Turns out we were seeded where we deserved to be, and where the N.E.T. had us slotted. However, the maddening flaw in the net system, is if we had blown thru tamu - instead of ourselves getting gutted, then lost a close game to UT, we almost certainly would have stayed at the 4 seed (as I understand everything that I read prior to). Had that scenario unfolded, imo we should have been a 2, and UT a 1.
The other thing we learned based on your post, is yes the committee absolutely follows Lunardi, and his indefensible ratings (following net, I presume), and pays very little attention to “eye-test”…except perhaps for the very last game a team plays.
I don’t think we learned that at all. What we learned is that the bracketologists as a group (all 210 of them) did a good job of predicting what the committee would do. They’re not there to influence the committee; they’re there to guess the final outcome.
And NET did not have us slotted as a 4. We were a 5 – the very last 5. If they’d gone strictly by NET we wouldn’t be a 4. Murray State was right below us in NET and wound up as a 7.
Virtually all of the computer metrics had us as a 5 as well. So if anything, we benefitted from the eye test.
You can view it that way if you want. We will never know whether Lunardi, et.al. influenced the committee, nor by how much. Obviously they didn’t exactly mirror the seeds, but my main point it seems the committee was more influenced by predetermined matrices, than by what could be observed and processed by reasonably thinking individuals.
I think that’s reasonable to conclude. They try to wrap things up Sunday morning if they can. Sometimes they have to have a Plan B in case a Richmond steals a bid on Sunday (which probably knocked A&M out), but absent a bid thief, the cake is largely baked Saturday night. If A&M had beaten Tennessee, Wyoming would have paid the price.
There is absolutely no reason to think that someone who is trying to predict the committee, influenced the committee’s decisions. That’s like saying a weatherman’s forecast changed the weather.
One thing bracketologists do is try to identify patterns in things past committees have done, and apply those patterns to current situations. A few years ago, midmajors would get shafted for the last at large picks in favor of Power Six schools. Obviously Wyoming didn’t get shafted to favor A&M, and this has happened in other recent brackets.
On one of the Bracket shows I watched yesterday/last night (I don’t remember which one; I watched at least some of several), they showed a graphic of the REAL “first 3 out” and the Aggies were either 2nd, or 3rd on that list…in other words, if there was one more slot available, they still would not have made it.
The selection process proofs once again the SEC needs to wrap up the tourney on Saturday! Then there’s no excuse.
Regardless I think Texas A&M should have gotten in.
The SEC needs to go to a 20 game conference schedule and cut some cup cakes. Improve the metrics no matter what they are. The BiG 10 got 9 teams in the dance. That’s absurd!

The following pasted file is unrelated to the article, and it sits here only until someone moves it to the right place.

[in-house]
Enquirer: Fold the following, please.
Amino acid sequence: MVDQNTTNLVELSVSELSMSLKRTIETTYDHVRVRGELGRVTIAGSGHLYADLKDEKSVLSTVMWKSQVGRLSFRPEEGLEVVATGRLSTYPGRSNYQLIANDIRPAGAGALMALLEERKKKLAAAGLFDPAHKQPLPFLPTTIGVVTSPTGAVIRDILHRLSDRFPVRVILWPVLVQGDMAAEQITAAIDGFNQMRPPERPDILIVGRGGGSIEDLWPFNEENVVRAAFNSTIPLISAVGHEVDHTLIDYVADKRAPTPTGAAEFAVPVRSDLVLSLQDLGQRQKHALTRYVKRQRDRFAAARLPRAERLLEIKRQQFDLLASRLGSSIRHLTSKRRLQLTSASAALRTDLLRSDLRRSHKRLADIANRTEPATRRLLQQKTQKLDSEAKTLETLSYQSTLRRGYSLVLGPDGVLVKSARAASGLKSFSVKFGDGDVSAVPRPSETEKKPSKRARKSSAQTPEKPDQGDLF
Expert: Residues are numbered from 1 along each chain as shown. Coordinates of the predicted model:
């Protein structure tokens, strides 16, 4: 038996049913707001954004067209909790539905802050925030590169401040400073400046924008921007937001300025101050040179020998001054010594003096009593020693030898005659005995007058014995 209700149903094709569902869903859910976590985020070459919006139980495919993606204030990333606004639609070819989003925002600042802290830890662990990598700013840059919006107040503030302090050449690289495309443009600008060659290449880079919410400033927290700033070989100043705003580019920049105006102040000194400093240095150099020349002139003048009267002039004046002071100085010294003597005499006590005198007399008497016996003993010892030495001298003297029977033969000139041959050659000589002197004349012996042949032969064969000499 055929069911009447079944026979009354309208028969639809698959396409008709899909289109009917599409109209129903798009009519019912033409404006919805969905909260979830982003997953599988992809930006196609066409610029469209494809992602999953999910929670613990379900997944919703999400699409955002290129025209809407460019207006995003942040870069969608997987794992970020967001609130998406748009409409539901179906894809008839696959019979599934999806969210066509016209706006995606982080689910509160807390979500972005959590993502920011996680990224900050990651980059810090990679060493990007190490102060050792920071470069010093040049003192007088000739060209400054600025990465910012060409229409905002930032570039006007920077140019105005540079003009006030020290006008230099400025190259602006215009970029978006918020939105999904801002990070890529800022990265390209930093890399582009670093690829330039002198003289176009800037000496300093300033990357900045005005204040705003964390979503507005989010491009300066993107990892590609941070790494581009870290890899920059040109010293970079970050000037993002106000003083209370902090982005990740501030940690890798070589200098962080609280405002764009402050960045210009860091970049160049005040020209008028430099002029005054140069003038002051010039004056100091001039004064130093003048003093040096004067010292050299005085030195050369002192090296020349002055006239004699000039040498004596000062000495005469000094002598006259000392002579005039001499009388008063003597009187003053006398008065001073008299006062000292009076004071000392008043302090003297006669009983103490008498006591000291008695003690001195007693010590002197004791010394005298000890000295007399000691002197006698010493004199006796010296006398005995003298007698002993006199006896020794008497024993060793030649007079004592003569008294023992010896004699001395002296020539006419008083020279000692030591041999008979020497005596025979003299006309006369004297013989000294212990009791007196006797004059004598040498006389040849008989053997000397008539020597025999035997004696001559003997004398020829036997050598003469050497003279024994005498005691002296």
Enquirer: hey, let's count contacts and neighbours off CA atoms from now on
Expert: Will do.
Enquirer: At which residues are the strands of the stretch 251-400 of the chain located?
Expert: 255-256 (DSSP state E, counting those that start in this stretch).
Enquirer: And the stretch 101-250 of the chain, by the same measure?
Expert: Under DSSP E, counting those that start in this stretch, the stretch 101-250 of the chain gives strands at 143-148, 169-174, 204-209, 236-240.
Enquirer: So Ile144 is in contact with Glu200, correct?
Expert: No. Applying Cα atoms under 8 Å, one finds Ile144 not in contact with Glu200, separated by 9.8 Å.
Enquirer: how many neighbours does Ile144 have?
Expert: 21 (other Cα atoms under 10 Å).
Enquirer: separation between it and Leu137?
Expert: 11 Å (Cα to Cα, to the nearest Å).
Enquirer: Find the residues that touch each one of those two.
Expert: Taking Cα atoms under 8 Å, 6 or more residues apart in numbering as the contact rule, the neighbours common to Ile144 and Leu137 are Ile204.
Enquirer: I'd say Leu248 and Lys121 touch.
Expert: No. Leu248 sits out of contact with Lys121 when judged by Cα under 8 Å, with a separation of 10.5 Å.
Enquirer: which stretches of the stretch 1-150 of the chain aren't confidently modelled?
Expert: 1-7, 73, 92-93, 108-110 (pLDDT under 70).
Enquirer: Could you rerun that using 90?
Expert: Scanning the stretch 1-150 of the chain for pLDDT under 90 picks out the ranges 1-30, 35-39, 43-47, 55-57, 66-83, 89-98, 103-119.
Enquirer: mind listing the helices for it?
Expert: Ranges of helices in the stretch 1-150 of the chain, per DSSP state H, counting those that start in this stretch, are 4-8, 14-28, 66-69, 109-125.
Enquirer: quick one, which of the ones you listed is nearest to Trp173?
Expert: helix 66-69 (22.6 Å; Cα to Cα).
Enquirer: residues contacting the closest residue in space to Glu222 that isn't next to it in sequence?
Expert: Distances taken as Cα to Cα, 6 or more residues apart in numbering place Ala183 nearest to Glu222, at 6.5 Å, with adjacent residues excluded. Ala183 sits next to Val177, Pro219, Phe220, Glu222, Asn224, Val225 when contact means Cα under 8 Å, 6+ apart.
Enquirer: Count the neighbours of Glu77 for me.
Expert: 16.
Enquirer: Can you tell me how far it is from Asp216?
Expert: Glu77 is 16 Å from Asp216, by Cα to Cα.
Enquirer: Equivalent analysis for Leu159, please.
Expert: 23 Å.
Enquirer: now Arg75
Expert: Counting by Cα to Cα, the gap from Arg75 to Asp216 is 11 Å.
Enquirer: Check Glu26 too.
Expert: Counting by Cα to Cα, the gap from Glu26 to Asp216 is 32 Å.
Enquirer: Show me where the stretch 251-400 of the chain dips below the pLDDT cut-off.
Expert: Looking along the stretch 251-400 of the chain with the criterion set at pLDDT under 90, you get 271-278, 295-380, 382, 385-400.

In our case, What do you think the committee (and ap and coaches poll voters for that matter) valued and weighted differently than the net algorithm for seeding? Do they think the sec strength of schedule is better than our computer sos? Is it the “eye test”? It is it giving more credit for beating the number one team and beating Kentucky? Or is it human nature to value the last 15 games more than the first ten or so? Or is it politics?
It could be our resume is objectively better using the quad 1-4 record comparison?
I would hope the answer is they see that the sec is stronger than the computer gives credit. But judging by number of sec teams in and the a&m decision that can’t be it. So it must be the eye test from our national tv exposure winning against top five teams. Schedule better non-conference games!! Hog fans deserve better than being shipped off to buffalo and San Francisco.
I don’t think so. You can bet Lunardi has a computer that can plug in the same data the committee uses. He’s also been watching them for years. His predictions are close for the same reason a good weatherman’s prediction for tomorrow’s weather is so close.
I think the eye test mattered. I also think our strength of record (16th) was consistent with a 4 seed and they probably gave that a lot of weight in deciding whether to slot us as a 4 or a 5. I’m pretty sure based on the fact they put us in Gonzaga’s regional that we’re the #16 seed, so it was close to a 5.
Admittedly, I stopped watching college basketball in about 2005 after 9 years in the wilderness. In the last few years after Mike Anderson could not get it done, I decided Razorback basketball as we knew it back in the day was dead and gone forever.
But it’s a new world now. To that end though, I can be pretty uninformed about all these new ways they pick teams for the tournament. For the longest time I could not figure out the lingo about “last 4 in” and “first 4 out”, etc.
I still don’t understand or know exactly what the “matrix” is.
But my point is I do think the people on the committee know what Lunardi and the matrix, etc, says. I’m sure they read and digest all that information. Does it make their decision for them ? Probably not because I can only imagine the egos of the folks on the committee. . But does it influence them in some way, probably.
And I think Lunardi has his sources on the inside as somebody else mentioned.
The Net is interesting. Seems like most folks are saying it’s really important. Well, our Hogs are starting this gig in New York (do you know how cold it is in Buffalo now?), against Vermont with a #52 Net. However, our regions #5 Seed, UConn, just outside of NYC, is starting with NMState at #79 in the Net (and coming from even further west than Arkansas). What a gift.